JACKSONVILLE — Pam Beehler has a particular academic expertise. It is of the brain, particularly the health and the performance of it. And she has shared this expertise with students at just about every college campus she’s been at while following the administrative career of her husband, John Beehler, Jacksonville State University’s first-year president.
“Wherever my husband was,” said Pam Beehler, who holds a doctorate in human performance, “I was tenured faculty.”
But at JSU she’s not. That’s because of Alabama nepotism laws that say a state employee, like a JSU professor, cannot be appointed by a relative, like a JSU president who is a husband.
“I’m still doing what I love doing,” she said, sitting before her laptop with a pulled-up Web page of the company that calls her its chief science officer. “I’m still very actively involved in this company.”
The company is RC21X, born in 2014 from the web-based system that Pam Beehler designed to measure and monitor one’s neurocognition over time through a series of 15 game-like modules.
Based in the Beehlers’ home state of Pennsylvania, RC21X is still developing its commercial brand, said its CEO, Clarence Carlos. He sees it as a tool that school athletic departments and health care providers should invest in. For now, RC21X earns no profit.
“She doesn’t get paid a dime,” Carlos said of Beehler. “She’s doing this because she believes in it and that it’ll make a difference.”
Carlos, with experience in the medical technology business, sought out Pam Beehler when she got to Pittsburgh in 2013 as John Beehler became dean of the Business School at Robert Morris University.
“I could’ve gone for a faculty position in Pittsburgh,” Pam Beehler said. “But I just thought, if I wanted to become an entrepreneur, this is the time to do it.”
There was yet much to discover about brain health in the 1980s, around the time she committed herself to the field while completing her doctorate at Indiana University. This was well before the revelations of concussions and their long-term effects on football players like Ken Stabler, the former Alabama star discovered earlier this month to be suffering from chronic traumatic encephalopathy at the time of his death.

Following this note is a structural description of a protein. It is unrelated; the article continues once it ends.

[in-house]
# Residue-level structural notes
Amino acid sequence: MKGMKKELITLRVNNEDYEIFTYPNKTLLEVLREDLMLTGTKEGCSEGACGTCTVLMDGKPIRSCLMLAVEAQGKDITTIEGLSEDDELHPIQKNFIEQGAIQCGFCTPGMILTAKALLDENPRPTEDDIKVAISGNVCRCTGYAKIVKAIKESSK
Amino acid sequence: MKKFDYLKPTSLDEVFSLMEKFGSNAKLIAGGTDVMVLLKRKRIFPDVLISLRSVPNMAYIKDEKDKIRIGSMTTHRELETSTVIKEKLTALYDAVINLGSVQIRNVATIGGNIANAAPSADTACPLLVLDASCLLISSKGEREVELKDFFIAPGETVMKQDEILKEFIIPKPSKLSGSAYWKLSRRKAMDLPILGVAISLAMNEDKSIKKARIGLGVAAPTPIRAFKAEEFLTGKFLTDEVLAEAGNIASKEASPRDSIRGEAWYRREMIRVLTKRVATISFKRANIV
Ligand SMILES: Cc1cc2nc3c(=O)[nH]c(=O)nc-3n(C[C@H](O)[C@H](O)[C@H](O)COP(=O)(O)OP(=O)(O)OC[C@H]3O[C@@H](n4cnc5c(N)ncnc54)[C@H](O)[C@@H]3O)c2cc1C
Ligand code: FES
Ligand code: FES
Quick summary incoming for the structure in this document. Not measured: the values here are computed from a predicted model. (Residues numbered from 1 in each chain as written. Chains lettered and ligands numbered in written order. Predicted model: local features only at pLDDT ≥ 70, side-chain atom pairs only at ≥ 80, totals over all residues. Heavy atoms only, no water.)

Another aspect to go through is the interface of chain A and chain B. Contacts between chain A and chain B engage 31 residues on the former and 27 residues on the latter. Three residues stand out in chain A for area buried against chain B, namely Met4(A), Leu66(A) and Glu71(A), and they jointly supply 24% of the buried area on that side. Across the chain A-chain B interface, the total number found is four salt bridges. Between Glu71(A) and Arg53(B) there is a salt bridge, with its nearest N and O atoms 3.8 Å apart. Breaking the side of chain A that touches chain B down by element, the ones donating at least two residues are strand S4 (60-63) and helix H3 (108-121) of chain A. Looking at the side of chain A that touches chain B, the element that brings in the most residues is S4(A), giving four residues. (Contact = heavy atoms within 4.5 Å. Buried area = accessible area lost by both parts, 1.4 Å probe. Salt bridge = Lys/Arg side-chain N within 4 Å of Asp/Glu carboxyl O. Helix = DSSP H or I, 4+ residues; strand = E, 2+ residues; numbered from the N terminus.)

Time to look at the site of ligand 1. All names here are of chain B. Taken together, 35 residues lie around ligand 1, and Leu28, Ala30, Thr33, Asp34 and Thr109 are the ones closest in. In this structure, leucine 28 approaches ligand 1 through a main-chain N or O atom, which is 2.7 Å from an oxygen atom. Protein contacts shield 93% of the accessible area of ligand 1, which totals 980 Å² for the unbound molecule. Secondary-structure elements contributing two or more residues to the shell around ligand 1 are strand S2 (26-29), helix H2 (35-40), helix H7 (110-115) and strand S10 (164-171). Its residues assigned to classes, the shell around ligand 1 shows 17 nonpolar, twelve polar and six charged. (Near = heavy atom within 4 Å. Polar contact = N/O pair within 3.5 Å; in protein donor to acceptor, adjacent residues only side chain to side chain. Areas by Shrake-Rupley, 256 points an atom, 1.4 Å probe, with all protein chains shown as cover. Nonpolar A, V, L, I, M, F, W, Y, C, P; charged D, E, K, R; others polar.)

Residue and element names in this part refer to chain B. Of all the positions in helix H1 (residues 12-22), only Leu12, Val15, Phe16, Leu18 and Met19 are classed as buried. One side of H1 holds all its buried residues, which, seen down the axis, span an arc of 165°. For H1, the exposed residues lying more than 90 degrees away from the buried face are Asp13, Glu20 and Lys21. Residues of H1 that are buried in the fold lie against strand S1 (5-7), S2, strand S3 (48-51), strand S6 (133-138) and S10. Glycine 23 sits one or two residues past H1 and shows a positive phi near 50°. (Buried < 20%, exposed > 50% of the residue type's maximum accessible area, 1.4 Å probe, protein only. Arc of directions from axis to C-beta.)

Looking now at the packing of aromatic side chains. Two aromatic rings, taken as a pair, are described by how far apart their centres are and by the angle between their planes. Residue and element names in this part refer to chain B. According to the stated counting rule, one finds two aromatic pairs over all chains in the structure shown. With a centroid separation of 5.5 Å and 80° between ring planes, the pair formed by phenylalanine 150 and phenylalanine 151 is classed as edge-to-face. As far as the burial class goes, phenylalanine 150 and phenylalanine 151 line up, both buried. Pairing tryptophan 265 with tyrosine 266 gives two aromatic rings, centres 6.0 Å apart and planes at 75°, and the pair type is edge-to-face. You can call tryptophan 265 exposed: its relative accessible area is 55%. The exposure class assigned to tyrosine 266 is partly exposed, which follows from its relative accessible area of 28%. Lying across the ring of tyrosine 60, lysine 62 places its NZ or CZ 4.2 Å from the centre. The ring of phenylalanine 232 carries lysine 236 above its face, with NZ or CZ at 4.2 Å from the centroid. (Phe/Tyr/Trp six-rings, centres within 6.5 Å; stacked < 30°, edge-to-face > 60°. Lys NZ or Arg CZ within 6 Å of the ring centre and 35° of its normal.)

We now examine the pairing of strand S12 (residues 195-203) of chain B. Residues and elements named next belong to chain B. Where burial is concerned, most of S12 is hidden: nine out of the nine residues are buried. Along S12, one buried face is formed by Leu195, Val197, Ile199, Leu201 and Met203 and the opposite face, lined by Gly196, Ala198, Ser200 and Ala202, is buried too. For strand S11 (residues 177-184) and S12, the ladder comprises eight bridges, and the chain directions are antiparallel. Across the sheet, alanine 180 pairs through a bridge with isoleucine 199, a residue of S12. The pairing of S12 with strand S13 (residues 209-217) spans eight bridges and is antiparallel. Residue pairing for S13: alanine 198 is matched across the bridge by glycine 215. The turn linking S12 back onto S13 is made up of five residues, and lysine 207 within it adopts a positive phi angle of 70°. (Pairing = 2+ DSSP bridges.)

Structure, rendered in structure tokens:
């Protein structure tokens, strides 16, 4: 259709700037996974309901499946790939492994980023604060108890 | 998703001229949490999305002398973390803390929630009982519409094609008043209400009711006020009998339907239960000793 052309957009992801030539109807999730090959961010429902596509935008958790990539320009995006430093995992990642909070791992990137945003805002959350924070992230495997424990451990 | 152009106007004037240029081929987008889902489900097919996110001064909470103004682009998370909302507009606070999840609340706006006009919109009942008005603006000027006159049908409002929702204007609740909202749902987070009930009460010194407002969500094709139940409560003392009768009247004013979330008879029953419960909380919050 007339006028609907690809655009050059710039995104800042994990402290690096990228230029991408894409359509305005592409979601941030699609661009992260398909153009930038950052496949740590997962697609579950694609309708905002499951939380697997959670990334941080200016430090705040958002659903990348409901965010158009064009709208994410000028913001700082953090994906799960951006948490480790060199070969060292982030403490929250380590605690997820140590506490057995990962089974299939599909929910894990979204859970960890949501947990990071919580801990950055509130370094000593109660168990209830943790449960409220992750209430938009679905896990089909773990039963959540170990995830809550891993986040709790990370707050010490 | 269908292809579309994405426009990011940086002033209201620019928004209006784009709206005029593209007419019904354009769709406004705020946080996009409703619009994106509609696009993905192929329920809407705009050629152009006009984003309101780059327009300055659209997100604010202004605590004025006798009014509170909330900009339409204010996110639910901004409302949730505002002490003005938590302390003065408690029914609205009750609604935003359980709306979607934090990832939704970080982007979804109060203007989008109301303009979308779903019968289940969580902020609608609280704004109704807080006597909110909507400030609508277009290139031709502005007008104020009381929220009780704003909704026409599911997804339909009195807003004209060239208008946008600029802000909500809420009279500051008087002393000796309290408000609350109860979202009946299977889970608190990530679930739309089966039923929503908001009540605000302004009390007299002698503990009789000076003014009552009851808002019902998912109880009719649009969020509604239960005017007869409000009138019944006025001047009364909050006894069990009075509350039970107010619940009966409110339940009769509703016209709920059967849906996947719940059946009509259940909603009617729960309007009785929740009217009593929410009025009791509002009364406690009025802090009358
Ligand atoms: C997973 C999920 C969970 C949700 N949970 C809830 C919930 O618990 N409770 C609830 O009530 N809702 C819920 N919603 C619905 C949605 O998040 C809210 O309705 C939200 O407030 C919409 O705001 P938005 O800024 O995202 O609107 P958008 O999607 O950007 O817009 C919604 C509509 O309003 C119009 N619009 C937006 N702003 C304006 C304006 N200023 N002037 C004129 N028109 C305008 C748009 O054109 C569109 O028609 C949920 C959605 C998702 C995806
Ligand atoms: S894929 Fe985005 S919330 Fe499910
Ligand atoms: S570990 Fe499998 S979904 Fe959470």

As she learned more at Indiana about the nervous system, Beehler found herself captivated by the brain, the dictator of movement, largely responsible for her accomplishments as a softball and basketball player at Penn State through the ’70s.
“Back then, it wasn’t a popular thing necessarily for a woman to have her own career,” said John Beehler, who she met at Penn State and married upon graduation. “It was clear from the start she wanted her own career and wanted to strive. She’s just a very driven and competitive person.”
During her first teaching stint, at the University of Texas at Arlington, she started doing lab research alongside a professor who was also looking to make a mark in the brain health field. George Kondraske was engineering tools like RC21X, intended to measure brain performance.
“The thing that impressed me was her desire to get everything right,” said Kondraske, who Beehler continues to do research with. “She was interested in advancement.”
As John Beehler went on to take administrative roles at Wichita State University and Northern Kentucky University, Pam Beehler went along and created baseline concussion tests for athletes at the schools — years before the NCAA pushed for these tests at member institutions.
“She’s a genius,” Carlos said from RC21X’s headquarters. “What you have down there at that university is a dual package.”
While John Beehler serves JSU’s most prominent role, Pam Beehler serves the role of first lady; “It’s all part of it,” she said, going to campus events, sitting in on her husband’s meetings, promoting the school.
“I’ve gotten used to it,” she said.
Staff writer Seth Boster: 256-235-3562. On Twitter @SethBoster_Star.